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a pan

Today is Friday 13th. As if we haven’t got enough to worry about. In fact, we’ve got a pandemic to panic about – a pandemic that’s causing pandemonium. A pandemic that’s causing pandemonium in Pangbourne.

You’ll have noticed that all these words begin with ‘pan’ and you’ve probably guessed what’s coming next: they’re all related, right?

Funnily enough, no. Pandemic may contain all the letters of panic in the right order, but that doesn’t mean the two are related, any more than Olivia Newton John is related to Boris Johnson (I haven’t checked this but my heart tells me it ain’t so).

Pandemic means nothing more sinister than ‘all people’, from the Greek ‘pan’ (all) and ‘demos’ (people), and is the World Health Organisation’s way of categorising new diseases with a wide spread. The resulting cancellation of public events and suspension of the sporting calendar is no need to panic… unless you support Liverpool, of course. Wouldn’t that be awful? Of far greater concern, I’ve just discovered that a Milk Chocolate Digestive is smaller than a plain one.

Pandemonium (originally Pandaemonium) was a name coined by the 17th century poet John Milton in Paradise Lost for ‘the high capital of Satan and his peers’. (Add your own White House joke here). Literally, the place of ‘all demons’, it came to be used for any place of wild disorder by the late 18th century and then, nearly a hundred years later, the wild disorder itself.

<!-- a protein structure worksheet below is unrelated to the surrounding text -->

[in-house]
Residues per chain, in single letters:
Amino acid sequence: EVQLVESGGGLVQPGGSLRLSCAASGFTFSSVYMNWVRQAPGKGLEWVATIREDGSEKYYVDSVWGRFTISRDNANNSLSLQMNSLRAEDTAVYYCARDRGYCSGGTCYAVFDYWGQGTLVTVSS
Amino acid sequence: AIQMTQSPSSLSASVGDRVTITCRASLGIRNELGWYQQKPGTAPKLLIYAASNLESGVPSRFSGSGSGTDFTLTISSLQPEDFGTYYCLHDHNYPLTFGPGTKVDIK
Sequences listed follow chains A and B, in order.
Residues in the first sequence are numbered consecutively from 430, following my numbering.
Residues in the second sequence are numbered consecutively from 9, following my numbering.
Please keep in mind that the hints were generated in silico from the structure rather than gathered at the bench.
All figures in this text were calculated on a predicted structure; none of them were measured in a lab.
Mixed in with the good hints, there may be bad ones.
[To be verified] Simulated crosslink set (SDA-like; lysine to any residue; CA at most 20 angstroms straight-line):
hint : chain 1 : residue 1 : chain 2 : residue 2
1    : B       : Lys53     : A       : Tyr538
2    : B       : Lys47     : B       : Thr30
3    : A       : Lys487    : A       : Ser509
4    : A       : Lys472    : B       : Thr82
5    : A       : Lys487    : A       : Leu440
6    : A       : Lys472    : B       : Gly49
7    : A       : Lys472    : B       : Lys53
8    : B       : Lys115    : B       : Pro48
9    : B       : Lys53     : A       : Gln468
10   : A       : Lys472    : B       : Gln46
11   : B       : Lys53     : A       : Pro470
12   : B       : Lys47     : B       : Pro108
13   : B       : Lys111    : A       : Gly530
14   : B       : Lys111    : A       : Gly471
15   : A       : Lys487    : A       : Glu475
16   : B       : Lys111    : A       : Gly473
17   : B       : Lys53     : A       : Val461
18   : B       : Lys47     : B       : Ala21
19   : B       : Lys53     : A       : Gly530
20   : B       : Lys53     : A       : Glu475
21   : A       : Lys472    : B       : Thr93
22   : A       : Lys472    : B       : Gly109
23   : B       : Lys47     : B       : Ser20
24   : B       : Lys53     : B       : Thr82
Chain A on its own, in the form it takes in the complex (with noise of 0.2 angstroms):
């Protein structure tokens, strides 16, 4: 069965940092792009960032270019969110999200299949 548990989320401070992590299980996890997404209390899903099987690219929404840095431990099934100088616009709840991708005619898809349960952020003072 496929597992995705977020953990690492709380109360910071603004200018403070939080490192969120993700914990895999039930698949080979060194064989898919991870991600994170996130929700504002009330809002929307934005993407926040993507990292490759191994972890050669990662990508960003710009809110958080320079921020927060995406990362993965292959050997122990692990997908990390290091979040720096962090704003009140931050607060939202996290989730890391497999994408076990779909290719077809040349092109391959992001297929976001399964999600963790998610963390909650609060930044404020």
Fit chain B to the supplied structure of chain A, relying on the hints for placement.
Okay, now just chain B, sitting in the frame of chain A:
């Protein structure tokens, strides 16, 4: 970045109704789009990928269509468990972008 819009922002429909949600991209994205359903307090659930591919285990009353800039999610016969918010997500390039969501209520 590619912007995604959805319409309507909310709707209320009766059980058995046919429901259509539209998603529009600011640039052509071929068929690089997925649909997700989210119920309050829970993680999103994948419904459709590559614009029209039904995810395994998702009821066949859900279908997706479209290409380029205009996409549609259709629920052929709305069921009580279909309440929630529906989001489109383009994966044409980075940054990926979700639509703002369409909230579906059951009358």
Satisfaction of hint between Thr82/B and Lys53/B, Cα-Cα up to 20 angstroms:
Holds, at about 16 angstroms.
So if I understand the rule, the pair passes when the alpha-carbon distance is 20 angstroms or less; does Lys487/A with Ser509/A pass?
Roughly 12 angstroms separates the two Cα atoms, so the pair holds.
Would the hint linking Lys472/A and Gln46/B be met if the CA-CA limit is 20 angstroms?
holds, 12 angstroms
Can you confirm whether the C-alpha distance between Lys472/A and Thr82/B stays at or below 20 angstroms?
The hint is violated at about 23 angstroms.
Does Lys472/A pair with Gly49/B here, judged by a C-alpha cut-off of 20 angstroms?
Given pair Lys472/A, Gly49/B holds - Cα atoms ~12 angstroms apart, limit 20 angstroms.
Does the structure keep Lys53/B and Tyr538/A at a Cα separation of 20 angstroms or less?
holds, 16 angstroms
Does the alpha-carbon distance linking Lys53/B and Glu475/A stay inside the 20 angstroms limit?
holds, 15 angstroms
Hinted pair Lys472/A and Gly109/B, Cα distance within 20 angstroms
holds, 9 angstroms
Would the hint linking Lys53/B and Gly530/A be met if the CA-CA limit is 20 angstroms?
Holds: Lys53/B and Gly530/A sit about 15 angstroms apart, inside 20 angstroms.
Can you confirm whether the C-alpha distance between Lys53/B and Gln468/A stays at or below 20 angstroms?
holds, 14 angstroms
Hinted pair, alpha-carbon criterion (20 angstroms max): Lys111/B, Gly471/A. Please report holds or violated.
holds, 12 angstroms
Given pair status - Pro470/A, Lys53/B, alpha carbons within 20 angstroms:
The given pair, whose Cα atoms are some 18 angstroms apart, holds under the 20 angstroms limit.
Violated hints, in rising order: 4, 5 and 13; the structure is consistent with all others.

Panic, however, has nothing to do with ‘all’ this or ‘all’ that. Pan was the Greek god of the great outdoors, a wild, half man, half goat with an eye for the ladies. He was also a pioneering exponent of the eponymous panpipes, which he played to woo the nymphs.

If anyone’s ever tried to woo you by playing the panpipes, it won’t surprise you that Pan wasn’t entirely successful in his amorous ambitions. One nymph turned into a pine tree to avoid him. He did manage to seduce the moon, though, so he must have been pretty talented.

Pan could be stroppy, though, and his chief weapon was an incredibly loud voice. When he let rip, people ran in terror. He became famous for it. So in 16th century England, when scholars were developing an obsession with Greek mythology, they coined the expression ‘panic’ as an adjective to describe a particularly extreme fear. ‘They fled in panic fear’.

It could just as well have been used to describe lechery or some other characteristic of Pan – “That flute solo was a almost panic” – but it was the running away in fear meaning that evolved and soon turned into a standalone noun. It took until the late 1700s for the verb ‘to panic’ to take root – just in time for the upper classes to stockpile toilet rolls in case the French Revolution crossed the Channel.

And Pangbourne? That means ‘stream belonging to the people of Paega’, Paega being some Saxon whose people lived on a tributary of the Thames in Berkshire, which is now called the Pang and supposedly inspired Kenneth Grahame to write The Wind In The Willows. Pan would have liked that.

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